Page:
A common misperception among leaders is that once you get to a certain level, you should consider only a 30,000-foot perspective (i.e., the big picture) of your business.
Although a high-level perspective is necessary for leadership success, it must be accompanied by an in-depth understanding of your team’s operation (e.g., your drivers of cost, profit, quality, and customer satisfaction). When you make a habit of ignoring the little things, you eventually end up ignoring the big things. Don’t misinterpret this as micromanagement. We are discussing leadership knowledge, not leadership activity.
Your car provides a helpful analogy for understanding the importance of both the big picture and detailed information. Just as your car’s dashboard tells you speed, fuel level, and engine temperature, your organizational dashboard tells you if sales are up 5 percent, productivity is down, or project deliverables are on schedule. Leaders typically use dashboard knowledge.
While dashboard knowledge is important for understanding broad metrics and the general direction of your operation, it is less helpful for identifying specific actions, improvements, and adjustments that will help your team run more smoothly. For that kind of information, you have to look “under the hood.” Looking under your car’s hood provides insight into why your car is running hot, why it veers to the right, and why it’s not starting as quickly as it should.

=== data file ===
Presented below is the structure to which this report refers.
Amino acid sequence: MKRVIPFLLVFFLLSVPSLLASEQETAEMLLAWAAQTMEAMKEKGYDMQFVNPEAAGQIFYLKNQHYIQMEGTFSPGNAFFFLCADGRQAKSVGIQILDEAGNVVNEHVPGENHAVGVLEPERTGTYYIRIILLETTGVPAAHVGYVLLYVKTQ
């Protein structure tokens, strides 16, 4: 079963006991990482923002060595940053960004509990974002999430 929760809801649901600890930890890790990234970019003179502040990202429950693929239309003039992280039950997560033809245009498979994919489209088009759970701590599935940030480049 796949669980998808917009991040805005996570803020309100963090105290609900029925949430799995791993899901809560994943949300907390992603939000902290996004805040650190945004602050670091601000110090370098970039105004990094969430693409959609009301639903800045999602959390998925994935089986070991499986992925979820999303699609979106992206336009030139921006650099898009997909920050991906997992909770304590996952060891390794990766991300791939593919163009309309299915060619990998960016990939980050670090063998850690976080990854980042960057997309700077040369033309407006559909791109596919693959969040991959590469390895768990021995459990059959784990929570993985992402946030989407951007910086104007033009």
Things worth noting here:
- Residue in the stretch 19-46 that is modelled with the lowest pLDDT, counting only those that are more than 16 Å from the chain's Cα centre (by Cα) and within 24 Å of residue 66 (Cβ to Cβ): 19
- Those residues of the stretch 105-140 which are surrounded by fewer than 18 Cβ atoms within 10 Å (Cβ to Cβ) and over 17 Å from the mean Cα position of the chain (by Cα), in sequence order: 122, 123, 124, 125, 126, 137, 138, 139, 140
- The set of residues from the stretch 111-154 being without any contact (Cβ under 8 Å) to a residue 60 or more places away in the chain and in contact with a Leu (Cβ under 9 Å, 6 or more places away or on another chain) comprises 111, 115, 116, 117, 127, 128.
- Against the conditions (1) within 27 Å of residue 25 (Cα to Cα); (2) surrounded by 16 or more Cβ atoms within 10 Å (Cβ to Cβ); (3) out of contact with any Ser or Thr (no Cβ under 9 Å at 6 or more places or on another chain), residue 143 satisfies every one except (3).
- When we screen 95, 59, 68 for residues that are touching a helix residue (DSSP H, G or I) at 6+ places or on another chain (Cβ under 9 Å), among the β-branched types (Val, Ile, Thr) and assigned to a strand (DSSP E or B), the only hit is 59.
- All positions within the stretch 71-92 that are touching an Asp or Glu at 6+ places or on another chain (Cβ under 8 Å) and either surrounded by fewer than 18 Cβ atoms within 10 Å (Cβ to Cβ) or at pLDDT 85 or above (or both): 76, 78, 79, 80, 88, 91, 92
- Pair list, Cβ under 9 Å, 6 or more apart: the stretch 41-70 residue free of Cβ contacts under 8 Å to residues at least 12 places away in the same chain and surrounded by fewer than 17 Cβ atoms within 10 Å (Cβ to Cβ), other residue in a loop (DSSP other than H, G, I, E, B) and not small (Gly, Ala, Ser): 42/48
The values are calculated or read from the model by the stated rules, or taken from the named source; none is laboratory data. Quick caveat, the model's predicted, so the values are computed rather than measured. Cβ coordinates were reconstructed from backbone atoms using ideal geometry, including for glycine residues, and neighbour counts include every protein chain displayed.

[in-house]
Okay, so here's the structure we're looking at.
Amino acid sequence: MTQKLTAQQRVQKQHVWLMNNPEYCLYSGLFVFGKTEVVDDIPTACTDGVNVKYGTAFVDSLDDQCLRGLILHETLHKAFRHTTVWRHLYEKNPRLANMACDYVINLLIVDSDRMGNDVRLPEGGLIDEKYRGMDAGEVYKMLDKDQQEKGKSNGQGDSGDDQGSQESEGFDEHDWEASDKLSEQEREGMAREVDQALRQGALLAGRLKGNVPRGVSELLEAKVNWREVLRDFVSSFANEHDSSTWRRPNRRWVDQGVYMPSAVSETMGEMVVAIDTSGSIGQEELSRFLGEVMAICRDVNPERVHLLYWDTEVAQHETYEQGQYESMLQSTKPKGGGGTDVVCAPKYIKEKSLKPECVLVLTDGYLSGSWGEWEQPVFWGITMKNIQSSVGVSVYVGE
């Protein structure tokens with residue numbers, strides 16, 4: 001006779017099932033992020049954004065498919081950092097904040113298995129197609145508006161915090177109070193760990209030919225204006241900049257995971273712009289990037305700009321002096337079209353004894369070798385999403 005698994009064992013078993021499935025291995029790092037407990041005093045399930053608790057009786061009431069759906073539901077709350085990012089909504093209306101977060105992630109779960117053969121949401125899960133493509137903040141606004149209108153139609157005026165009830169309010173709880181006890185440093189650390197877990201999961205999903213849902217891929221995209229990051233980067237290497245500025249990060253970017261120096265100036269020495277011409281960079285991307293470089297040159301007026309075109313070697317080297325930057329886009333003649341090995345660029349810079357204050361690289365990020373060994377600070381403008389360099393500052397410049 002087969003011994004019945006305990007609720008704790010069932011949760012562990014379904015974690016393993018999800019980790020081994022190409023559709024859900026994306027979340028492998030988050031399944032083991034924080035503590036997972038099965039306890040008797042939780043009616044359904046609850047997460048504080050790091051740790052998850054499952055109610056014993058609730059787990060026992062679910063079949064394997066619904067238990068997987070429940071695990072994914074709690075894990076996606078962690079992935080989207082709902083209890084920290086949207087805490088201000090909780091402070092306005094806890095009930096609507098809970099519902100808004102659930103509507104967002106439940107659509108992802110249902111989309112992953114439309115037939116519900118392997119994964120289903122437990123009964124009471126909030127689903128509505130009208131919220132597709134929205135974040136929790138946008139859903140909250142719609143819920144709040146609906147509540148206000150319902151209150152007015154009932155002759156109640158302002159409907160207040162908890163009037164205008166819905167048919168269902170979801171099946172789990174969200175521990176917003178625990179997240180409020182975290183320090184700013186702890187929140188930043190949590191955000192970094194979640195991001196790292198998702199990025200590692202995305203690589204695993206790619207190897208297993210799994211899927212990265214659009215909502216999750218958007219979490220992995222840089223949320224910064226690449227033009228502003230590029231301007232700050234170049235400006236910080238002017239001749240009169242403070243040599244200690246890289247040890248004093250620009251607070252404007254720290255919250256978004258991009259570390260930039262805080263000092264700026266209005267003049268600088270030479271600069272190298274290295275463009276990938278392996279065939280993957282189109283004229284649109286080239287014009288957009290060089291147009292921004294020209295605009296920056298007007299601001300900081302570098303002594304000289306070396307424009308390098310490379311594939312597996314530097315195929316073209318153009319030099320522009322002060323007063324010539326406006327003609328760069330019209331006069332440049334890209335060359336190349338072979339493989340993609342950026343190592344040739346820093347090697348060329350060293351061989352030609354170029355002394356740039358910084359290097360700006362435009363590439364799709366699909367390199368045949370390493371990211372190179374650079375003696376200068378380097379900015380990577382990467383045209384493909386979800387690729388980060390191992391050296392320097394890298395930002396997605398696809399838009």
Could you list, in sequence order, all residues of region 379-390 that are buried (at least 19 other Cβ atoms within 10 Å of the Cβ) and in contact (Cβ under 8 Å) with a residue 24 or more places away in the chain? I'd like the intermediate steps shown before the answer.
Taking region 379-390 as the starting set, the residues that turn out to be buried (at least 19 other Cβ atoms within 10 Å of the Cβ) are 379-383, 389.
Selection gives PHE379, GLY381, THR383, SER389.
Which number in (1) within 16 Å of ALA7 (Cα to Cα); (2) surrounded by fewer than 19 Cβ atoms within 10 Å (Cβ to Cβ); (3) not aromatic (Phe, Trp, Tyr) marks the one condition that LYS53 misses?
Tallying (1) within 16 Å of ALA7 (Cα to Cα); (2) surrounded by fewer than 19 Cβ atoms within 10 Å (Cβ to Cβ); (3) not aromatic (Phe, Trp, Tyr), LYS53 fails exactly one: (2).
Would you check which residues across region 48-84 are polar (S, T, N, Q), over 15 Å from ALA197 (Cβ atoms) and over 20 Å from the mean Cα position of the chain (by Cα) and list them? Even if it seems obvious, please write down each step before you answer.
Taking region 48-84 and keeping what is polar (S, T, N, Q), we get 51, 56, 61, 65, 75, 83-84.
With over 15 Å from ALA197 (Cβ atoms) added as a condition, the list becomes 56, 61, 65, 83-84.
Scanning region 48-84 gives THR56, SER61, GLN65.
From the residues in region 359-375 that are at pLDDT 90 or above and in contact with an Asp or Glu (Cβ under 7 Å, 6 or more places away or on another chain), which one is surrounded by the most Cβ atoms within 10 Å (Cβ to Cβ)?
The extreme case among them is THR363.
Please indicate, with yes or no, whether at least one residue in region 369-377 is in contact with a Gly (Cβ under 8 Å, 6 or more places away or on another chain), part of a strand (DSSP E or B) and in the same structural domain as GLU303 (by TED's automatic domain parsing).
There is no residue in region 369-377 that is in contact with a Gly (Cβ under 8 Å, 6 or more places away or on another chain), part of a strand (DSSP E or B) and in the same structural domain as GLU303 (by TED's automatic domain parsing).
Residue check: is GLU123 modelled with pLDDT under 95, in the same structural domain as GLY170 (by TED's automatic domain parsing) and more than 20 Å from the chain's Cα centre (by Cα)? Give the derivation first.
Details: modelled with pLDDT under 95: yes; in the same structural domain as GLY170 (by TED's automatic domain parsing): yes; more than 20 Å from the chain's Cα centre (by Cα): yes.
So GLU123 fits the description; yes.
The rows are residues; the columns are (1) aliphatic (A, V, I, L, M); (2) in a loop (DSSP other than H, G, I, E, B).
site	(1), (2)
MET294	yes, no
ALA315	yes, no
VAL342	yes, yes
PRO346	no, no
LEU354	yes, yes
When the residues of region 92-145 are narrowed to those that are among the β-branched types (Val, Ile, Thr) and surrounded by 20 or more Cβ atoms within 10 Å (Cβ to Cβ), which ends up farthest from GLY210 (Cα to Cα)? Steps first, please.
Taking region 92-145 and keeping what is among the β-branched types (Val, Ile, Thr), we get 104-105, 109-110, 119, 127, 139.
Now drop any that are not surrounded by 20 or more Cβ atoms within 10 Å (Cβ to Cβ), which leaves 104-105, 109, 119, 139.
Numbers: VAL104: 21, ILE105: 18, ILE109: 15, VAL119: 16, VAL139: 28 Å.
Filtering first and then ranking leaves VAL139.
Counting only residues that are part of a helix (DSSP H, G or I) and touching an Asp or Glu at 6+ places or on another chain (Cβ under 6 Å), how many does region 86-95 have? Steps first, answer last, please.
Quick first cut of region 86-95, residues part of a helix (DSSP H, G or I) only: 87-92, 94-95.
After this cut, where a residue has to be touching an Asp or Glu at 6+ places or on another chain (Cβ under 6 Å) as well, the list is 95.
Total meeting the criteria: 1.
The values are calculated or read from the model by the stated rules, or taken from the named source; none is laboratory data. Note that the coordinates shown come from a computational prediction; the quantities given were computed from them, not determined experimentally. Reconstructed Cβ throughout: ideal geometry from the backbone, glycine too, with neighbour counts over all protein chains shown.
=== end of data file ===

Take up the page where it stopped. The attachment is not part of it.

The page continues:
Under-the-hood knowledge about your team gives you specific information with respect to a given job, time, place, and set of circumstances. Inspiring coaches involve team members who possess under-the-hood knowledge. They understand that by the time a warning light on your dashboard starts blinking, you already have a problem under the hood. Your frontline team members then become your experts.
One of our CEO clients, Bob Bunker, likes to hearken back to his Air Force days when he’s looking under the hood. He refers to his field offices as the FEBA (Forward Edge of Battle Area). It’s a vivid reminder to his corporate team that the field offices are where the business battle is won on a daily basis.
Bunker has been known to spend much of his time on the FEBA listening to his field team and customers and supporting both of them. He says, “Getting on the FEBA allows me to see and feel the daily processes and ponder process reengineering opportunities and technology applications, and better appreciate the interdependencies of our corporate and customer systems as a whole.”
Involving his frontline team gives Bunker a more complete view of his business and enlists team ownership of the solutions. Inspiring coaches put their egos and assumptions aside to seek real-time input from team members who are working under the hood every day.